If you're reading this blog, chances are that you know what rovers, points and cover-points are. Or were. They're part of the history of the game; before defencemen we had points and cover-points (or simply covers), the former playing close to the goalkeeper, and the latter being a conduit between the defence and the forwards. The rover was phased out of eastern hockey around 1911/12, while the point/cover positions morphed into side-by-side defenders soon thereafter.
But that's not all there is to the story of positional changes in hockey. If you go far back enough, specifically to 1875 when the first organized, indoor games between two opposing clubs took place in Montreal, there were typically nine men on the ice for either side, rather than the seven we're used to dealing with in early hockey history. They played four forwards as we're used to from the rover era, but had two extra men on defence. Not only that, but the defensive positions were not yet called point and cover, they were back and half-back, a clear indication of the fact that the rules of the game were adapted from football.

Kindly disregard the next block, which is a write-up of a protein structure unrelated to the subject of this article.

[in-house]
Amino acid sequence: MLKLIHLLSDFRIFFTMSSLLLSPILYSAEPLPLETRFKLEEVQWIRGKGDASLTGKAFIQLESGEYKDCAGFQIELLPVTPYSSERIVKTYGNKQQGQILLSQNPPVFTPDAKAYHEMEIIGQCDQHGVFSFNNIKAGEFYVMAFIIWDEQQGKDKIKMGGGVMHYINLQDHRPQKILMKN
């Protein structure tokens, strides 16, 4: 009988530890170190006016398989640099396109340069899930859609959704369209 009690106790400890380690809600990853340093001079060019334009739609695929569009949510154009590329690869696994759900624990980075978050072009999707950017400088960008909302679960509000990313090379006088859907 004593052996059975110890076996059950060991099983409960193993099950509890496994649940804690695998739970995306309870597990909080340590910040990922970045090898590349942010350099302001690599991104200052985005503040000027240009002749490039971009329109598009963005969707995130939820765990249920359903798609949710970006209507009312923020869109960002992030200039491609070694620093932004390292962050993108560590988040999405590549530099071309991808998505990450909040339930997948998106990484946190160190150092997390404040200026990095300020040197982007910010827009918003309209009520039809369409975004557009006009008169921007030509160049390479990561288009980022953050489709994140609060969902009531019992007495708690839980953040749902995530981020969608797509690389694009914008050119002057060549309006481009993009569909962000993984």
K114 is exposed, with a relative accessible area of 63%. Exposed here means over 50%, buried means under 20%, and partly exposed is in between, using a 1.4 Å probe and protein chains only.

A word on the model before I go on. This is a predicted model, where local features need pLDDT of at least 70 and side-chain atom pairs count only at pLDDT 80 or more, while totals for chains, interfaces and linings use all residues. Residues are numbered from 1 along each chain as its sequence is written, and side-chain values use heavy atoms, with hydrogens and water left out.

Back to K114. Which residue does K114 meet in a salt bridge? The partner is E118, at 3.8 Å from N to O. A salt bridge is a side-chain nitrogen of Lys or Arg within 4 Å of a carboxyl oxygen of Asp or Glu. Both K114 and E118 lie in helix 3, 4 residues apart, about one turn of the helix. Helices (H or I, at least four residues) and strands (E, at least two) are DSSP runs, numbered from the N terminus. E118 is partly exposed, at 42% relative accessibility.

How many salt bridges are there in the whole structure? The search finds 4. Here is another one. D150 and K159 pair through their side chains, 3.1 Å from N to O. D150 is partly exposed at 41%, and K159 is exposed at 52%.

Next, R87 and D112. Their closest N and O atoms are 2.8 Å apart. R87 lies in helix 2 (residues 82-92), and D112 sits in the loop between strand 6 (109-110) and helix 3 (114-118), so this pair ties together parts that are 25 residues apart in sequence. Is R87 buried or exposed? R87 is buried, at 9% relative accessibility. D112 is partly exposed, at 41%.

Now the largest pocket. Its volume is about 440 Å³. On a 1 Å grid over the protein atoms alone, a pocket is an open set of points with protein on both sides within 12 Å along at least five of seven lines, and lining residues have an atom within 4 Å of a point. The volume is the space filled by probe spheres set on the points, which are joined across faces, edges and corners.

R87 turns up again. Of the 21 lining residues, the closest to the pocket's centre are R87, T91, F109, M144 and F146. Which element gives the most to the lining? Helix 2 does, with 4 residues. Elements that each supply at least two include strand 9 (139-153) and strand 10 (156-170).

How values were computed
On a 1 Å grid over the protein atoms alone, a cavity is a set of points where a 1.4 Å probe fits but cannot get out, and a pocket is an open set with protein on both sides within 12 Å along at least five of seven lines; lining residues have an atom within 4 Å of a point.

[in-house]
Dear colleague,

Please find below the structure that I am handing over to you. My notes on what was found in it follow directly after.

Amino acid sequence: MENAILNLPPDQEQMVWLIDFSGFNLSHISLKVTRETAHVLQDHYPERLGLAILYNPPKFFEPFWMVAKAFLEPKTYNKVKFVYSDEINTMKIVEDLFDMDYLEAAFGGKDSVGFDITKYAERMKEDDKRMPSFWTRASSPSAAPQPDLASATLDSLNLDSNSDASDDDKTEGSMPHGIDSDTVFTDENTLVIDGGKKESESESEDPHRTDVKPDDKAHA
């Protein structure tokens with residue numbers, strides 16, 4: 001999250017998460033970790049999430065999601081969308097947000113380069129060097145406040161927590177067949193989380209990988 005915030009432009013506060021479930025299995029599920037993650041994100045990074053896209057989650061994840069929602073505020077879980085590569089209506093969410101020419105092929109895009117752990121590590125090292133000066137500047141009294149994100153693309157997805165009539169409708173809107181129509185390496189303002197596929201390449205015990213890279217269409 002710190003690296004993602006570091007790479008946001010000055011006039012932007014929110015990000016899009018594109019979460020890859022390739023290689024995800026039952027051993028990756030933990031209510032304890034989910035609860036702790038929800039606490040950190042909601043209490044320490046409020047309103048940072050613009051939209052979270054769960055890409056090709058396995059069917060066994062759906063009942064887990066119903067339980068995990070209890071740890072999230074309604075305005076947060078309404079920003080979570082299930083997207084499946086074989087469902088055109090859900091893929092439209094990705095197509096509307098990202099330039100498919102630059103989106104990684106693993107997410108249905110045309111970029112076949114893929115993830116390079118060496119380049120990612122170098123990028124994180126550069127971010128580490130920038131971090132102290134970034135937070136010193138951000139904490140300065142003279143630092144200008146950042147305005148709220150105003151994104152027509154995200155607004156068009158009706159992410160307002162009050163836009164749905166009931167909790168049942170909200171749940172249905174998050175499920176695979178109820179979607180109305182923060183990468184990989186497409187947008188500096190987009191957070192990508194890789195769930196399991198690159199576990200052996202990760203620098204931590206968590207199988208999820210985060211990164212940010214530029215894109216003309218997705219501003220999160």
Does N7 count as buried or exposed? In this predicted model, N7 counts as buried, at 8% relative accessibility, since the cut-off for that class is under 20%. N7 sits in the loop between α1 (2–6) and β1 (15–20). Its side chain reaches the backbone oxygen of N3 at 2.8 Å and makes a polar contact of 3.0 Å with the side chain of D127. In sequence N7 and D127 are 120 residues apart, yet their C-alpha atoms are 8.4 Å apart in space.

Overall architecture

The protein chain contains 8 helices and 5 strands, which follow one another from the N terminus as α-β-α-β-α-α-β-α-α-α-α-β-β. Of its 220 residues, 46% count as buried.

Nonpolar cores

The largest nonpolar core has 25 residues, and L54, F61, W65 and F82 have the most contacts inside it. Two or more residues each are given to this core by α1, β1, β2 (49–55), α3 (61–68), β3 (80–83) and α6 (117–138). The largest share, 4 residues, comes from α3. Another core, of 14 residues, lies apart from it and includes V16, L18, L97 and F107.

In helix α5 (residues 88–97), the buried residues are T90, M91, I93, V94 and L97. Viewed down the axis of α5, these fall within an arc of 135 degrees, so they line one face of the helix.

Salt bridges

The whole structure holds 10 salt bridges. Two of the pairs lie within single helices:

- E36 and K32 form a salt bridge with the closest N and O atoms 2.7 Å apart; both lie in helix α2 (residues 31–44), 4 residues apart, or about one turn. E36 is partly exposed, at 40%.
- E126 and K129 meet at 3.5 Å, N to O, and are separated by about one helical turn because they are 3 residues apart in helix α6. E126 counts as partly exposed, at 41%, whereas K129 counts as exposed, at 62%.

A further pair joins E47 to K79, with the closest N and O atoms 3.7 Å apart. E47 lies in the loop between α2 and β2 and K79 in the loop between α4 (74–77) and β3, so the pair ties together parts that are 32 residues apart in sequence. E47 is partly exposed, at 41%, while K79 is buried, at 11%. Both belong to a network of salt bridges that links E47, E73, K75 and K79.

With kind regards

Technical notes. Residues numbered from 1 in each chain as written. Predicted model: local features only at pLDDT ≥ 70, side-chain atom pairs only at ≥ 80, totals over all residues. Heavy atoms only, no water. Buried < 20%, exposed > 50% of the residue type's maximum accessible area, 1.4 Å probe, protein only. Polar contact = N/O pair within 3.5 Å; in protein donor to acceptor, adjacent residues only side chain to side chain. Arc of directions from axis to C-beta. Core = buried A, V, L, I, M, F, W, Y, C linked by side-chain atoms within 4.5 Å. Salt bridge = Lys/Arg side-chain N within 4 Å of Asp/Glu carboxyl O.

I can't be 100% of how the players typically lined up, but I think the following makes sense. The goalkeeper is marked with GK, the backs with B, the half-backs with HB, and the forwards with F.
However, they did not immediately adopt the seven-with-a-rover lineup. They dropped a back and a forward, still playing with two half-backs, thusly:
here). That opened the ice up a bit, and brings us close to the setup we're used to today:
The usual caveats for this sort of general discussion apply, of course. The years mentioned may not be entirely precise, and it's unlikely that every team adopted the same lineup at the same time. Each change would have taken a bit of time to become standard.